The Department of Justice has announced an online portal and resource center to give law enforcement agencies the tools to improve their policing best practices. Known as the National Law Enforcement Knowledge Lab, it will provide federal reports, academic research, training curricula, and subject-matter experts to help agencies institute reforms and implement constitutional policing practices.
Associate Attorney General Vanita Gupta was joined by police officials, civil rights advocates and researchers at LAPD headquarters for the announcement on April 27.
“Providing law enforcement with the tools, resources and support they need to do their jobs effectively and fairly makes our communities safer and stronger,” Gupta said. “The Knowledge Lab is the latest step in the Justice Department’s ongoing work to listen, learn and take action to build trust between law enforcement and the communities they serve.”
According to a DOJ press release, the online portal is the result of a partnership between the DOJ and nonprofit policy organization the National Policing Institute, along with consulting firm 21st Century Policing Solutions.
These organizations will cooperate to build the portal, which will be overseen by the Bureau of Justice Assistance (BJA).
The Knowledge Lab is part of an ongoing effort by the DOJ to enhance public trust in law enforcement agencies, and follows the department’s Collaborative Reform Initiative, which offers agencies technical assistance from federal experts.
BJA Director Karhlton F. Moore said constitutional policing is foundational for building trust with the community.
“Constitutional policing is foundational to a just and equitable society, and it remains the bedrock of effective public safety,” Moore said. “America’s law enforcement officers work hard to serve our communities. The Knowledge Lab will assist agencies in their efforts to serve with fairness and integrity, and we are determined to help them live up to the highest ideals of their profession.”
Gupta, who was formerly director of the DOJ’s civil rights division under the Obama administration, said there was a need for a centralized portal that agencies could access.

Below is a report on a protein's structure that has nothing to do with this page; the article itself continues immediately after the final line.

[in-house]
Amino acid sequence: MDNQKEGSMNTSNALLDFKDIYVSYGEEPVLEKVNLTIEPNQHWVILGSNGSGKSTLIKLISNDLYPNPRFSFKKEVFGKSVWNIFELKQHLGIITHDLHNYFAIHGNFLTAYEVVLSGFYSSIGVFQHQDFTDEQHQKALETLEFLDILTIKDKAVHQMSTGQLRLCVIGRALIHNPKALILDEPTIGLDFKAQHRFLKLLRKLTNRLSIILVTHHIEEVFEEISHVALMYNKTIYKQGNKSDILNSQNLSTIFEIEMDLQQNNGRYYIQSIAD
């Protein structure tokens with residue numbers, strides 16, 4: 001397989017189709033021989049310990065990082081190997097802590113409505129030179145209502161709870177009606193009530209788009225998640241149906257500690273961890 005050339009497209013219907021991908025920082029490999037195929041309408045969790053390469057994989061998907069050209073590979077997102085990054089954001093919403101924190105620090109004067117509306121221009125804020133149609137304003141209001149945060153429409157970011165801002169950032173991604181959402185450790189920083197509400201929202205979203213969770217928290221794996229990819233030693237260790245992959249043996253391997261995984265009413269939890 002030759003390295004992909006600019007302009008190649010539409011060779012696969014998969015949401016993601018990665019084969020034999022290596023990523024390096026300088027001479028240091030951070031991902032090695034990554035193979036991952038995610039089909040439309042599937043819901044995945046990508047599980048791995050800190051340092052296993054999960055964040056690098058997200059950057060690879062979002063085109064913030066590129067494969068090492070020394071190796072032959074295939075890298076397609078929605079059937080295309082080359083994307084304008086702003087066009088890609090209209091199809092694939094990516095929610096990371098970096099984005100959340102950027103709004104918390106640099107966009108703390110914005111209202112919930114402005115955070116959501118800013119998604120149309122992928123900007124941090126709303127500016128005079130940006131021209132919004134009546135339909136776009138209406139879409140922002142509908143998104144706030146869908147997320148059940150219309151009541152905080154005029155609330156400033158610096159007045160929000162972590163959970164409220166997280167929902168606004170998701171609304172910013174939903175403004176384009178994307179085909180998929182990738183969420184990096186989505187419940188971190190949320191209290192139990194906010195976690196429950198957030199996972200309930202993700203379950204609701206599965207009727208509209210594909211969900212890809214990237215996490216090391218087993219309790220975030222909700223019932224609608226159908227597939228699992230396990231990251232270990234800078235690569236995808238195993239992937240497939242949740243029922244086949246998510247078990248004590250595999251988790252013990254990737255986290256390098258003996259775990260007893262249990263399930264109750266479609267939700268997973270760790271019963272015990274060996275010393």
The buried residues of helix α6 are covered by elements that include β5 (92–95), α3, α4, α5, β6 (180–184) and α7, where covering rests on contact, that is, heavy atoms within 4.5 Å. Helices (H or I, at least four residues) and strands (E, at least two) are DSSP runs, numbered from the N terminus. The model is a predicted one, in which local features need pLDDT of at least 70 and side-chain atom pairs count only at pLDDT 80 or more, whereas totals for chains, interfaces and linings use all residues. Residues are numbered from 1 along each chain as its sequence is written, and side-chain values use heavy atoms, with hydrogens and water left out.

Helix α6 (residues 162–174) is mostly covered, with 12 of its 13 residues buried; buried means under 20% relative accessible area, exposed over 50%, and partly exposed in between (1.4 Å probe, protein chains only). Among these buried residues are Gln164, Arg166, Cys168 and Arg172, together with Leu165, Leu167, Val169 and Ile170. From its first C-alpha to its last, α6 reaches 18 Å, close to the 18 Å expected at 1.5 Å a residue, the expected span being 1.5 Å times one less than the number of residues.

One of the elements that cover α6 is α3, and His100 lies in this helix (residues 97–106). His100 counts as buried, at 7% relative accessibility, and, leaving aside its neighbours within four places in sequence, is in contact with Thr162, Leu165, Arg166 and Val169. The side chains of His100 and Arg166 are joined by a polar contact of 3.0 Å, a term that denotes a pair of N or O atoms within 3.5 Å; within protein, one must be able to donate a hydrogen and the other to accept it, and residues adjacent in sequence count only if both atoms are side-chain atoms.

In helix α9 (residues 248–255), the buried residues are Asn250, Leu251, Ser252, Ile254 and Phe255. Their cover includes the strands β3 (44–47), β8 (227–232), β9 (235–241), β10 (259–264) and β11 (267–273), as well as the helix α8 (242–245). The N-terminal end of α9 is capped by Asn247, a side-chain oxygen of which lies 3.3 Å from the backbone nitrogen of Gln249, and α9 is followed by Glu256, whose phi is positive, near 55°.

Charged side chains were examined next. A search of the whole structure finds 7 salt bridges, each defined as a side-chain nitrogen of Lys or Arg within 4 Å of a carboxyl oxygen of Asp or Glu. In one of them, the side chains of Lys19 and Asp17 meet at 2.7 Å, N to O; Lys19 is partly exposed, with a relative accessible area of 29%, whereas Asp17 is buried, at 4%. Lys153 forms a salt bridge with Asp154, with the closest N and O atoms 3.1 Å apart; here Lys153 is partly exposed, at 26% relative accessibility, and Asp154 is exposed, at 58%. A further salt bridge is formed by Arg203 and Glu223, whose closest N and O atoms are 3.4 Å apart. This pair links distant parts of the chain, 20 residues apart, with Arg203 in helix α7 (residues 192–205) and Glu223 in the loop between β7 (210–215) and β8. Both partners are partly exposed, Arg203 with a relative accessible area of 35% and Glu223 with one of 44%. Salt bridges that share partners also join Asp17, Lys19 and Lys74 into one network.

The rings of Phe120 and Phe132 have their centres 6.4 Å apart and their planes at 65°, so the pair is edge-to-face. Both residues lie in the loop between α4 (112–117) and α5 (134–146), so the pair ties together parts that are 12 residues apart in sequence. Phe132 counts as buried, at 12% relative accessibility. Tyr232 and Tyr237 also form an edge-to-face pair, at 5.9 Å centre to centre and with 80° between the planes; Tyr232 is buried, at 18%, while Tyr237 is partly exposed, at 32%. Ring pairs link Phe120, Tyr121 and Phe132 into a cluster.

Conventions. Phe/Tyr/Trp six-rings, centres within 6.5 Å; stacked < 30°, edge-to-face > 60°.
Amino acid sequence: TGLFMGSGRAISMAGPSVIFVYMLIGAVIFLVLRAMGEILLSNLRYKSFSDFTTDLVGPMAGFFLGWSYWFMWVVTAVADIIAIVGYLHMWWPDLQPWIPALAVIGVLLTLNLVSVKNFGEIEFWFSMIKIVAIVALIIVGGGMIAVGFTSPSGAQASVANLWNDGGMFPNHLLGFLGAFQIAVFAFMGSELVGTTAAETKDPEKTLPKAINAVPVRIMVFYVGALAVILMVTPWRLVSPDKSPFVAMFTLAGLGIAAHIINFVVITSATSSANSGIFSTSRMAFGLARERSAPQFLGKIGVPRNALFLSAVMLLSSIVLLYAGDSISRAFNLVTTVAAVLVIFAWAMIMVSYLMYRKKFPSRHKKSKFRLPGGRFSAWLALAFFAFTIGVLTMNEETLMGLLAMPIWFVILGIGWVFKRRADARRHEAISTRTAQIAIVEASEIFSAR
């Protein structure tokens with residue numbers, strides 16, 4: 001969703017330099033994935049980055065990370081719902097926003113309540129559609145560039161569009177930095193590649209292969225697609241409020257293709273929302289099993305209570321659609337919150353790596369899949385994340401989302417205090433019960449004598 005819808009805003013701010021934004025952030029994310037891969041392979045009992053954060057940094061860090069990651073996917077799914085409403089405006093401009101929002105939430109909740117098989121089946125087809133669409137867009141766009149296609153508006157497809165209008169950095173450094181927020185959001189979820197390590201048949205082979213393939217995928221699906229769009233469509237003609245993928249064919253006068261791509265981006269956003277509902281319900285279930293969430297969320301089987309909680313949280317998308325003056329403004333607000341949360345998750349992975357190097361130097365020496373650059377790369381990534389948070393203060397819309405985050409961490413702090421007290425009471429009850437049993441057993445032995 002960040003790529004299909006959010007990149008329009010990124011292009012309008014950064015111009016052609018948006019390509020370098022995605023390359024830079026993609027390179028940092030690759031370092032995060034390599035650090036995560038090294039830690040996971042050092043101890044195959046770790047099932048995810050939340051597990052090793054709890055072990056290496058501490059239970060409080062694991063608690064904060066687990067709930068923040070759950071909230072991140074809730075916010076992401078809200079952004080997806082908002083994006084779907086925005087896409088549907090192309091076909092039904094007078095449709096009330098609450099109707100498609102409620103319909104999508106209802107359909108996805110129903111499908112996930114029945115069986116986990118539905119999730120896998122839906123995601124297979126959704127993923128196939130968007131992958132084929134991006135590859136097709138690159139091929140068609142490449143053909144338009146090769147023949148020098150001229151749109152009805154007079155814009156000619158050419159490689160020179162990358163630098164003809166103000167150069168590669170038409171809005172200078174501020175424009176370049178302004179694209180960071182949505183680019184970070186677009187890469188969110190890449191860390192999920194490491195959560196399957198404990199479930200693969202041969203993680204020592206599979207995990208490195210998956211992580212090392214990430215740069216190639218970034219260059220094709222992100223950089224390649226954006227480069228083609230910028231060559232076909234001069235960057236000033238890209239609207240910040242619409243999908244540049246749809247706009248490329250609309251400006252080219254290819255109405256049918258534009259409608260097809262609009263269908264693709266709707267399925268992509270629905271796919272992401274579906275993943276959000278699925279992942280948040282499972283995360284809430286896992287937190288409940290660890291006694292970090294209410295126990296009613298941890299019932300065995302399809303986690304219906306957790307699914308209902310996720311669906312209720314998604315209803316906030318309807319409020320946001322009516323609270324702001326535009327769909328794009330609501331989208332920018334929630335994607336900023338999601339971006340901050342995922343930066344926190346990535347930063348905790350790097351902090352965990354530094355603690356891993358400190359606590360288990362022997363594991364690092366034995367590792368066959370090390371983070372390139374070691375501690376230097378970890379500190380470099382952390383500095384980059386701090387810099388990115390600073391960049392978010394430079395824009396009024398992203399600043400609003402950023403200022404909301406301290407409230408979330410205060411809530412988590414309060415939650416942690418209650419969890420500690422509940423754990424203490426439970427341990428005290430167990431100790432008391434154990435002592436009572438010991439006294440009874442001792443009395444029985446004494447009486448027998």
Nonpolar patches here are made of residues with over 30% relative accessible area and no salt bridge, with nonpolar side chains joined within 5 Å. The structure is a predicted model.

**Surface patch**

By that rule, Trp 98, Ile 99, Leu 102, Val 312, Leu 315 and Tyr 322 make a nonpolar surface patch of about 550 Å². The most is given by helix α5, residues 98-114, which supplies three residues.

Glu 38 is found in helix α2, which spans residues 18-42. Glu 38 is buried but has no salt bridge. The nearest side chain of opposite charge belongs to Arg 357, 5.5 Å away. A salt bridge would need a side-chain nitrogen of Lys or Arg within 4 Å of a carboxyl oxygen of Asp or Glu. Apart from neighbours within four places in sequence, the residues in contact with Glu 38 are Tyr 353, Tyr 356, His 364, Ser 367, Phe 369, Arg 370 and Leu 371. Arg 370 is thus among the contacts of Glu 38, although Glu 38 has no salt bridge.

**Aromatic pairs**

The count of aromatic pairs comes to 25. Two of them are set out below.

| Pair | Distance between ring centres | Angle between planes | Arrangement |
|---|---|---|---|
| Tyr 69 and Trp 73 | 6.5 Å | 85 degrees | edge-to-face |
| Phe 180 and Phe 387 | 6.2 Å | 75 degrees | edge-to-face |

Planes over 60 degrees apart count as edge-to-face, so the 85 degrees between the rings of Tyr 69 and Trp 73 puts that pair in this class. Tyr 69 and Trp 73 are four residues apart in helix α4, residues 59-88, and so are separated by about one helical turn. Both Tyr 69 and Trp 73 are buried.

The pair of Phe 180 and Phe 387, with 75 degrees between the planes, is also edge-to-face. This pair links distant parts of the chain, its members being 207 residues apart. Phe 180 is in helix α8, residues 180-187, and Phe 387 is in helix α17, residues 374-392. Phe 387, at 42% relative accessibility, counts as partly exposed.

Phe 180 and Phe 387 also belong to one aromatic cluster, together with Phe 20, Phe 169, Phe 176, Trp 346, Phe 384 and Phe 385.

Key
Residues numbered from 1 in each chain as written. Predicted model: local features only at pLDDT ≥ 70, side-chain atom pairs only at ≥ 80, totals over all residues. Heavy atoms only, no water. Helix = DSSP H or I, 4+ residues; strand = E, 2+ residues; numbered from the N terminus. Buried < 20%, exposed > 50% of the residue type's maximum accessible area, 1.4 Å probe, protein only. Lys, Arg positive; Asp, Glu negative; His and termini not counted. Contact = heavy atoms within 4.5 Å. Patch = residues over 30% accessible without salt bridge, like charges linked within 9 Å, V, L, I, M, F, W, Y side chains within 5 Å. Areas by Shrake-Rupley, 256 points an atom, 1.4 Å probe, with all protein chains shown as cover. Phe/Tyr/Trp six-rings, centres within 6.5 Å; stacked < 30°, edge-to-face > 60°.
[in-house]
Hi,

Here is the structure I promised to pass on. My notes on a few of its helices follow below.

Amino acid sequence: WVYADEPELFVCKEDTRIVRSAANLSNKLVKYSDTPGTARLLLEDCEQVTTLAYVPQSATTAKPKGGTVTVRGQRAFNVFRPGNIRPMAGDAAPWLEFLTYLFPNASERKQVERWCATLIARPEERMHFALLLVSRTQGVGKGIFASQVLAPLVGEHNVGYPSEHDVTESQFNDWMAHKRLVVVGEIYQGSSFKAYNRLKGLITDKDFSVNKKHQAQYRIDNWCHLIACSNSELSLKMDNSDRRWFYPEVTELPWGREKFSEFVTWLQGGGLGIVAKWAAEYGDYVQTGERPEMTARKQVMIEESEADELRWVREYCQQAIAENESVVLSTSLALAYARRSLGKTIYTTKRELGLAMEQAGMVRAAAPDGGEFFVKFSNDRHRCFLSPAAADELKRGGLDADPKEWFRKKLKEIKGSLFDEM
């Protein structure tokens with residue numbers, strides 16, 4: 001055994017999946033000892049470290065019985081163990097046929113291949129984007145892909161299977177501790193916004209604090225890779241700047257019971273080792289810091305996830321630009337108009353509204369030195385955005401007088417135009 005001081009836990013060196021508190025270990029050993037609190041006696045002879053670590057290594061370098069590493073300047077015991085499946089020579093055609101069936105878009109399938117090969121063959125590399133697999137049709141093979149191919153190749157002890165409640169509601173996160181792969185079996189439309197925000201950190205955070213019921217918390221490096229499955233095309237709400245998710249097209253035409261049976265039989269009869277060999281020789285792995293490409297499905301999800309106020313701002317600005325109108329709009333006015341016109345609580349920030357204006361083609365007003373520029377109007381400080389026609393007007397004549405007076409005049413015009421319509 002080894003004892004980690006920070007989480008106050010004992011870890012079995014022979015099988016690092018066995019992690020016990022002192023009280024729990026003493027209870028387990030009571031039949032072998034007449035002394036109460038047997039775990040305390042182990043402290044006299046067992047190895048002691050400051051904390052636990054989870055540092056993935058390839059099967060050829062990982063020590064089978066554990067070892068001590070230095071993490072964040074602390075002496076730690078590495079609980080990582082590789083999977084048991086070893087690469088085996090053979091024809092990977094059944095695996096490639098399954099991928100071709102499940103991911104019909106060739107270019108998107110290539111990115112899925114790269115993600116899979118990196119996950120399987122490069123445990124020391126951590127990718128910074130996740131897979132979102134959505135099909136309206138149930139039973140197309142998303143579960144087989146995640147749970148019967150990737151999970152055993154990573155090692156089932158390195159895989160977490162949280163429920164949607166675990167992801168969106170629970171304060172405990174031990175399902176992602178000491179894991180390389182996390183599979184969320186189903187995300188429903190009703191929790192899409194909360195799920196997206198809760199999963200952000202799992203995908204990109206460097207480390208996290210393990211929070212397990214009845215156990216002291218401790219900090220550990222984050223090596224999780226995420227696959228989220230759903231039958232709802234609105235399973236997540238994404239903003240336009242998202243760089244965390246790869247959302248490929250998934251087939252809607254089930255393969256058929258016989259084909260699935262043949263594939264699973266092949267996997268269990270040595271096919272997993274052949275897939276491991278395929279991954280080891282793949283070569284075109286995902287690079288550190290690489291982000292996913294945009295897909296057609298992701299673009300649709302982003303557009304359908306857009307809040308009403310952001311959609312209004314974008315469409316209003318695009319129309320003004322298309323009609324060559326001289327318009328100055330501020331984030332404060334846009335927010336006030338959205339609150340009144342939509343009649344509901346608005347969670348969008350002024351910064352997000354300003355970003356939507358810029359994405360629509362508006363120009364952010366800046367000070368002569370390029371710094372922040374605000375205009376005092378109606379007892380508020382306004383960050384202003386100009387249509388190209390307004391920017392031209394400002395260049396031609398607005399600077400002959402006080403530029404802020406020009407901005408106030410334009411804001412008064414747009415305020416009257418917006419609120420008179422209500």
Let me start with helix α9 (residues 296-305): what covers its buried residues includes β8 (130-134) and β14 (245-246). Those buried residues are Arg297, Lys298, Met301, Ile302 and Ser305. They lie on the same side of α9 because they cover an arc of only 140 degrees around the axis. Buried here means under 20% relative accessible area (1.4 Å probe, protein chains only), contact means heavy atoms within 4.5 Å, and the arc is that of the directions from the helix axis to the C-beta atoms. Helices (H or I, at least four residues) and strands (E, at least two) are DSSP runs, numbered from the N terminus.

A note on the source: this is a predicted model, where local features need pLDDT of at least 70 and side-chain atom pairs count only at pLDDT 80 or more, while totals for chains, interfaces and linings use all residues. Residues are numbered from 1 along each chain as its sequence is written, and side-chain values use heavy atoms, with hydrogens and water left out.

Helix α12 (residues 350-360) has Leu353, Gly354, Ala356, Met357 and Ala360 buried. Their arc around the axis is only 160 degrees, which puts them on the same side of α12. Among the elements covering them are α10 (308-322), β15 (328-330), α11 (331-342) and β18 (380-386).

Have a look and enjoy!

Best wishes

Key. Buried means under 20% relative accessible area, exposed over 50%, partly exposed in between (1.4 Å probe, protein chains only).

The Assistant Attorney General described the portal as an alternative to DOJ pattern-and-practice investigations, which are time-consuming and expensive. Agencies will be able to utilize the information on the portal free of charge.
Jim Pasco, executive director of the National Fraternal Order of Police, endorsed the Knowledge Lab in preliminary conversations with Justice officials last year. He said the lab is “not prescriptive, but reflective of the best thinking.”
“It’s not mandated. But it’s training and advice and information that will be available to anyone in the law enforcement community who asks for it,” Pasco declared.
Chuck Wexler, who heads the Police Executive Research Forum think tank, said the Knowledge Lab will take on an “educational and preventative” role so departments know what to expect during DOJ probes.
Gupta said that while the online portal will not replace federal investigations into departments — investigations that often result in consent decrees that mandate broad changes and reforms from agencies — it will be an important adjunct to encouraging nationwide police reforms.
“We use the tool of enforcement to prosecute individual officers who willfully violate the law, and we enter into settlements and consent decrees to remedy systemic patterns or practices of unconstitutional conduct,” Gupta said. “But our experience has taught us that these enforcement actions — as critical as they are — cannot and will not resolve the pressing issues that our communities now face. In a nation of 18,000 law enforcement agencies, we will not enforce or litigate our way to fair policing and safe communities.”